Our Perspective

      • People are cities, cities are the future | Chris de la Torre

        23 Oct 2013

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        Kampala, Uganda at night. (Photo: UNDP in Uganda)

        Making cities more sustainable is central to global development, and it's easy to see why. The report of the Secretary-General's High Level Panel on the post-2015 development agenda (PDF) describes cities as "engines for business and innovation," adding that "with good management they can provide jobs, hope and growth, while building sustainability." Following current trends, by 2025, 65 percent of the world's economic growth could be generated by just 600 cities. Urbanists like Alan Ehrenhalt have studied the impact of development on cities, portraying them as dynamic and diverse systems that help shape the trajectory of economic and social evolution. People are coming together, and fast. The current influx of people to urban areas, projected to have two thirds of the earth's population living in cities by 2050, underscores the need for improved infrastructure and social relations. The global urban slum population will increase by 6 million each year unless improvements are made. The rapid growth of cities demands an integrated approach to sustainable development that considers equality, human rights and resilience. Success hinges on partnerships between Member States, multilateral organizations and civil society — in essence putting people at the forefront of global change. While the Universal Declaration of Human Read More

      • Women in conflict situations need justice | Roma Bhattacharjea

        18 Oct 2013

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        Sudanese women gather at workshop on UN Security Council Resolution 1325 on Women, Peace, and Security. (Photo: Soujoud Elgarrai/UNAMID)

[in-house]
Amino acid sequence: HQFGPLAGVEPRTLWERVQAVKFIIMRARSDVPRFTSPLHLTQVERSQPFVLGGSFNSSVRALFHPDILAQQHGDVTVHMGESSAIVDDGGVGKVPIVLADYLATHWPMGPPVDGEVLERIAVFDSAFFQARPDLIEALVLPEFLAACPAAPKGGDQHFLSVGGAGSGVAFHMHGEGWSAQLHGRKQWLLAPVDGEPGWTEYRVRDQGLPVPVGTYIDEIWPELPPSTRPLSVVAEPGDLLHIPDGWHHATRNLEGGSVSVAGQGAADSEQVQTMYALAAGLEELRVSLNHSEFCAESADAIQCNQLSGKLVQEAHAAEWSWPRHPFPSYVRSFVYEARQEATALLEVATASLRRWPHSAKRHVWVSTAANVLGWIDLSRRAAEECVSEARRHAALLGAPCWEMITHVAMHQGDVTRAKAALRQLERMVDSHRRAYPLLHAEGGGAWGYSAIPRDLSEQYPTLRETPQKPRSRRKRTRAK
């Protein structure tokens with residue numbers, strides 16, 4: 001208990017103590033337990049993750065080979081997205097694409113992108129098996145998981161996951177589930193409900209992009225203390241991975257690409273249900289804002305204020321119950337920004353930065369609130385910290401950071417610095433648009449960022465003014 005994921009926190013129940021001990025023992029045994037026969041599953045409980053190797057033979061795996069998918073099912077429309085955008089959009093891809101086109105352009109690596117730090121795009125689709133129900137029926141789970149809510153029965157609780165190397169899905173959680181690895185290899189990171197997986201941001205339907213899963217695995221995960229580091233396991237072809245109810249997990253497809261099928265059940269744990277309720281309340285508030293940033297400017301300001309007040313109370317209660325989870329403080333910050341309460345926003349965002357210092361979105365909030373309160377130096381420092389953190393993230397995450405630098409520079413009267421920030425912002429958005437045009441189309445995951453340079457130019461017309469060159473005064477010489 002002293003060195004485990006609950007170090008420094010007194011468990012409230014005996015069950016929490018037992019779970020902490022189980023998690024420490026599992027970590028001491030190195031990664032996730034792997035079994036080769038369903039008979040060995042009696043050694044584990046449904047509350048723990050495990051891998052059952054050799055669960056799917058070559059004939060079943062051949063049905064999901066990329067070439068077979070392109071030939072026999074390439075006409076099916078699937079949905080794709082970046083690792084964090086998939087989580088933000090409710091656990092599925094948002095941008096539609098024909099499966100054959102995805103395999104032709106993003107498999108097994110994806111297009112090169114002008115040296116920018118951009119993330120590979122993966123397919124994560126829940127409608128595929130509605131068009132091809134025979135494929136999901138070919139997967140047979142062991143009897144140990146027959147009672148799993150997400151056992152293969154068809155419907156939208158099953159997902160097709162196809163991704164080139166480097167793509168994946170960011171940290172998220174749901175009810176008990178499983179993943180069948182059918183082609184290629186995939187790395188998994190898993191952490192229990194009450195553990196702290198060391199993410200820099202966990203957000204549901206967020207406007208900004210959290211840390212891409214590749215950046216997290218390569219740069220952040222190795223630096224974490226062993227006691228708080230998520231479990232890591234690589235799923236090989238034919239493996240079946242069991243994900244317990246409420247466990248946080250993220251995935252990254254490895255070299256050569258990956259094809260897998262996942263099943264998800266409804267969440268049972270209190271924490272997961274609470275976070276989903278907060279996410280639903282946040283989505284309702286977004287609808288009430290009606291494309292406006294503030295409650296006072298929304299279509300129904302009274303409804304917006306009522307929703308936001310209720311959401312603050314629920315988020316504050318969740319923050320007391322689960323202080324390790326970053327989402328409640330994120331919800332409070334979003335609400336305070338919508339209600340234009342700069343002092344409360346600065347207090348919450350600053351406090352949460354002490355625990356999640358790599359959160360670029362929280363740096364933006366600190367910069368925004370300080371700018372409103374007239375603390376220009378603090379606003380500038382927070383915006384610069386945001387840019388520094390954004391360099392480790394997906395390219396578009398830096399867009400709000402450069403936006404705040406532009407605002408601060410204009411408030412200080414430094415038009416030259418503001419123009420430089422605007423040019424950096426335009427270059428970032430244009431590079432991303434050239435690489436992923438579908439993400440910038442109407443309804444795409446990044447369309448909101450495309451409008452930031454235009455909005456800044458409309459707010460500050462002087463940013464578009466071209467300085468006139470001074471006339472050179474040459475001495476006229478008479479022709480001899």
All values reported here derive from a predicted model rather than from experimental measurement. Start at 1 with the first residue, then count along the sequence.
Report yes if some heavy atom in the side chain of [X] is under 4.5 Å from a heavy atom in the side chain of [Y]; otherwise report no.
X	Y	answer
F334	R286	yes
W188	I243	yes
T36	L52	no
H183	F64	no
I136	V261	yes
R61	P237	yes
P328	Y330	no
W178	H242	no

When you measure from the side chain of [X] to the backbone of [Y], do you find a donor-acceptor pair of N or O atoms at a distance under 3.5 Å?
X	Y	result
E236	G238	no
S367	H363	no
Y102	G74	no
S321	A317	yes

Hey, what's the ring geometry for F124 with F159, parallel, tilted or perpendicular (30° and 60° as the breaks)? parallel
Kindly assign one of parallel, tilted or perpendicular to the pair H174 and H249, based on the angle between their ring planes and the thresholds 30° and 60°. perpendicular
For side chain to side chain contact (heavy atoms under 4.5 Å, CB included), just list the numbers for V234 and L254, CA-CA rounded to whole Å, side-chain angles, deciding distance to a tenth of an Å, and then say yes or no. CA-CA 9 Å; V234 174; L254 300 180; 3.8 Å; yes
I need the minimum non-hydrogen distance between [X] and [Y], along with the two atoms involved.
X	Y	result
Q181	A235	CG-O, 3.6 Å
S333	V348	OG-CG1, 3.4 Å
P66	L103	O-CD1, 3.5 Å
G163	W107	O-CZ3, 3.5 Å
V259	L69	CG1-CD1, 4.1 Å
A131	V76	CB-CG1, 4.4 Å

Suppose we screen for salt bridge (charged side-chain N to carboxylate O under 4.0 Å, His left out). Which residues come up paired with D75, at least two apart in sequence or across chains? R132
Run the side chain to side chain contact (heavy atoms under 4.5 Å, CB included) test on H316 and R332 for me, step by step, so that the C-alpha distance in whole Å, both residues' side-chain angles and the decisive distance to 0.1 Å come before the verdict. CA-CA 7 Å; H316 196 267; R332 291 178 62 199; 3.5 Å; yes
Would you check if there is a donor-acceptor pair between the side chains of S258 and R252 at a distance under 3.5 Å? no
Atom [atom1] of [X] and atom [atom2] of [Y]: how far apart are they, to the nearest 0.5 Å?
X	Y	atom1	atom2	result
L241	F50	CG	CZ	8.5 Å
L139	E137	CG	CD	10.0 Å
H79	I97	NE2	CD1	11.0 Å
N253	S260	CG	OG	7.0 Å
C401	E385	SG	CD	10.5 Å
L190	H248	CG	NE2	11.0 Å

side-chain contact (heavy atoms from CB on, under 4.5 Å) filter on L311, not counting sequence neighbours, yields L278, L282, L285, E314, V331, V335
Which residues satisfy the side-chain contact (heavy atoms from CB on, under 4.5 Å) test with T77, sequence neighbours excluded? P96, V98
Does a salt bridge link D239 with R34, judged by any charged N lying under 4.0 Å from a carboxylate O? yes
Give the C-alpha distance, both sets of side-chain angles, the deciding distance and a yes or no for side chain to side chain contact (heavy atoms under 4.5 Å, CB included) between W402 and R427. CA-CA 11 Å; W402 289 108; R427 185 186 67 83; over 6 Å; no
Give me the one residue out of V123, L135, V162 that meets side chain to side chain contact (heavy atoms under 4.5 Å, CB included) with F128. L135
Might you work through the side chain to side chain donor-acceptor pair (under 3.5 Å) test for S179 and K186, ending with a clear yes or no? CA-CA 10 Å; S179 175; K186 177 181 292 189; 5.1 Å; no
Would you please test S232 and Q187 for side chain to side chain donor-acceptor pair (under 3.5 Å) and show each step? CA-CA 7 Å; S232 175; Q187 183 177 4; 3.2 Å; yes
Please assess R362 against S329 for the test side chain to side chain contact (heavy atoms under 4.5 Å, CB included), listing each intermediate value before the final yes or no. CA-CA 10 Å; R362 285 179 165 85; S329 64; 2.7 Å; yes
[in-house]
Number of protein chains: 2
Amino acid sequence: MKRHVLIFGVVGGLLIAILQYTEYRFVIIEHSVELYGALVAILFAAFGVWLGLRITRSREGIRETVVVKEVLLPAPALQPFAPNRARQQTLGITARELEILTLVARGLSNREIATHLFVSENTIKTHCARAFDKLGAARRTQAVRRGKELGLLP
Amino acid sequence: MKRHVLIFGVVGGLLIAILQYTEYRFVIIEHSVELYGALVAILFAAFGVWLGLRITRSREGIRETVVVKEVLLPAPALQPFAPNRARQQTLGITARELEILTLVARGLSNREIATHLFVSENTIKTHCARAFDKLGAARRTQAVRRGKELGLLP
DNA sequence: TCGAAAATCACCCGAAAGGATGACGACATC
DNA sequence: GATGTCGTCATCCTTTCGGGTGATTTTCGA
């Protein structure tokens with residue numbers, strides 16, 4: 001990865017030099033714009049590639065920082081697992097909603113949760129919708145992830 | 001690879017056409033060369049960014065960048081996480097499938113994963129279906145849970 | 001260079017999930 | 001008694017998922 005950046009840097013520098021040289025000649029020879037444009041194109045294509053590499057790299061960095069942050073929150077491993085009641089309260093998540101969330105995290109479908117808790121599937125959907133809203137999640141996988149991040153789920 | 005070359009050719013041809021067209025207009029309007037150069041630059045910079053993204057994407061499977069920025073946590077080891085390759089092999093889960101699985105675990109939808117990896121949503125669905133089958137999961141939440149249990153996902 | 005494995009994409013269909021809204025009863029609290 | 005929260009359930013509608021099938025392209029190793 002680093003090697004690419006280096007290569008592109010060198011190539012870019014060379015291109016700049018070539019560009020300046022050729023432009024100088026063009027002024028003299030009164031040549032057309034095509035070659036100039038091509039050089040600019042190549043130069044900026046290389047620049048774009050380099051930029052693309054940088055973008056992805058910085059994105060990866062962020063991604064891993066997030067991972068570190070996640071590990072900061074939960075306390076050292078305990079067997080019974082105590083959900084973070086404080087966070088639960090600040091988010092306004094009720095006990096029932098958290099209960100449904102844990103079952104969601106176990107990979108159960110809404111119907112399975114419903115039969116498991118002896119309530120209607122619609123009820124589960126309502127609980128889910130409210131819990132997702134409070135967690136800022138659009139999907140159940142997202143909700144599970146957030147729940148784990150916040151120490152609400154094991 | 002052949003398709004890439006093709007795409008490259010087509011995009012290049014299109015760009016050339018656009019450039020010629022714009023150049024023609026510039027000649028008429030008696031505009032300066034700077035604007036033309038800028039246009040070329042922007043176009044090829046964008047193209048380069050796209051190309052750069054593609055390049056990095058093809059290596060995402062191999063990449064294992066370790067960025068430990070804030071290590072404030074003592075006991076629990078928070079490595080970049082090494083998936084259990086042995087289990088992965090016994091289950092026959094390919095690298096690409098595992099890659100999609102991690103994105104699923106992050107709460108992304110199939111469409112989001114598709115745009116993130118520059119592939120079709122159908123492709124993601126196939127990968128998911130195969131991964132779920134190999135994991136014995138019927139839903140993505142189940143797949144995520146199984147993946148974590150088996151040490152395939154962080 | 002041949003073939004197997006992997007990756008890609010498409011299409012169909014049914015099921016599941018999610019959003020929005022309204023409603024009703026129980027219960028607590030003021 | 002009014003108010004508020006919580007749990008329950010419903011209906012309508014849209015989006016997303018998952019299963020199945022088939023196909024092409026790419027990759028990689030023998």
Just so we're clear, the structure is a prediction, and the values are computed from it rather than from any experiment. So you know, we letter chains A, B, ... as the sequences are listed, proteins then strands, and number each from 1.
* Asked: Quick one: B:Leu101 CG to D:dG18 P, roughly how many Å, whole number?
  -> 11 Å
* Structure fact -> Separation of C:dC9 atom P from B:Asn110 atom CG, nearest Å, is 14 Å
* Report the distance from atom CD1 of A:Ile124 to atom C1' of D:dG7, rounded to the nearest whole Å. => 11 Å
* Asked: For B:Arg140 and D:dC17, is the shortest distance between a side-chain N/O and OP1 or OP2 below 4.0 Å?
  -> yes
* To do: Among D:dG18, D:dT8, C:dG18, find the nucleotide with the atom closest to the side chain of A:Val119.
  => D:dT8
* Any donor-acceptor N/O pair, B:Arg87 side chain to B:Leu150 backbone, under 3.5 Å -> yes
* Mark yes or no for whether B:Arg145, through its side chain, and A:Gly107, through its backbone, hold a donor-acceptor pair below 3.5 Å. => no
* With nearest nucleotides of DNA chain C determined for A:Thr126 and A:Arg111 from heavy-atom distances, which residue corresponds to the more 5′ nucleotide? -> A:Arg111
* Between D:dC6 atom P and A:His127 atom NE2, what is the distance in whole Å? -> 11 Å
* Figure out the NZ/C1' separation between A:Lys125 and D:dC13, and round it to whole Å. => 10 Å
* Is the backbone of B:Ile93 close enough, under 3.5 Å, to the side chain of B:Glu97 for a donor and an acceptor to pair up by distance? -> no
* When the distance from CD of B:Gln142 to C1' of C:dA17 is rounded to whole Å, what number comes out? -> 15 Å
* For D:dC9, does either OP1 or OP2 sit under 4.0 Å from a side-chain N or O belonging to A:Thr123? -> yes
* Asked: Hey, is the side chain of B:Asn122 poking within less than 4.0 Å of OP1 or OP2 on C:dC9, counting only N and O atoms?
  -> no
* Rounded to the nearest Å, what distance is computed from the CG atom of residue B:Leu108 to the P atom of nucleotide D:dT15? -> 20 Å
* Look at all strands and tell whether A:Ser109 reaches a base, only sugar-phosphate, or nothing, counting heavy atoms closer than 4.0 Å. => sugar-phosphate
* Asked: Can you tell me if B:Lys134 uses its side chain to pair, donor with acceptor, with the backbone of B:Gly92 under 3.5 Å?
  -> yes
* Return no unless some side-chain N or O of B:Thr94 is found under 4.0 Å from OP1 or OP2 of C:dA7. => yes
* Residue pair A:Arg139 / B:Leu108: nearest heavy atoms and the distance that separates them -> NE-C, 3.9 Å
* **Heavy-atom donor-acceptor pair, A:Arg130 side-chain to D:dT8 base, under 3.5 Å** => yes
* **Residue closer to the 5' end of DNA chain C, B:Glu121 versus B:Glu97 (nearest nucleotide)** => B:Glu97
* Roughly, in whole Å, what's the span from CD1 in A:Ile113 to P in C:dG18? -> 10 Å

When conflict causes a breakdown in social order and the rule of law, inequalities increase and women bear the brunt of the violence. We should, however, not view women as mere victims, as they play a vital role in ensuring sustainable peace. On October 18 the UN Security Council will discuss this role, and reaffirm the right of women to access the rule of law and seek redress for human rights abuses during conflicts. More than a decade after Security Council Resolution 1325 was drafted, which, among other things, committed countries to protecting women and girls in conflict situations, women's voice, leadership and participation, safety, economic security, and access to justice are still distant goals. If all goes well, the Security Council will agree to a new resolution that recommits countries to changing this situation. Sexual and gender-based violence happen wherever there is armed conflict, even after peace treaties have been signed. Reducing violence against women and girls, however, allows girls to go to school, avoid early marriages, and helps decrease human trafficking. It allows women and girls to contribute to just and equal societies, which do not relapse into armed conflict. When the Security Council meets this week, the international Read More

      • Social and political transformation can only be achieved with young people’s participation | Heraldo Muñoz

        17 Oct 2013

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        A group of young UN volunteers in Peru. (Photo: Win Bouden/UNDP Peru)

        Latin America and the Caribbean has around 156 million people between the ages of 15 to 29, which means that 26 percent of its population is young. However, only 1.63 percent of deputies and senators in 25 parliaments in the region are 30 years old or younger, according to a recent UN Development Programme (UNDP) assessment. More worrying still is the fact that women still lag behind: among the few young parliamentarians just 32 percent are women.     Having so many young people is an opportunity for any region. But in the case of Latin America, this demographic advantage coexists with unequal opportunities for its youth, which is reflected in low voter turnout among young people and a political representation crisis that feeds the recent social mobilizations. This confirms the need to boost efforts to meet young Latin Americans' demands and needs, and to recognize their capabilities and roles in promoting democratic change.     In this context, more than 22 young parliamentarians from 13 countries in Latin America and the Caribbean signed a pact to expand political participation of the youth of the region during a recent meeting in Brasilia, organized by UNDP, Brazil’s National Youth Secretary and the Ibero-American Youth Read More

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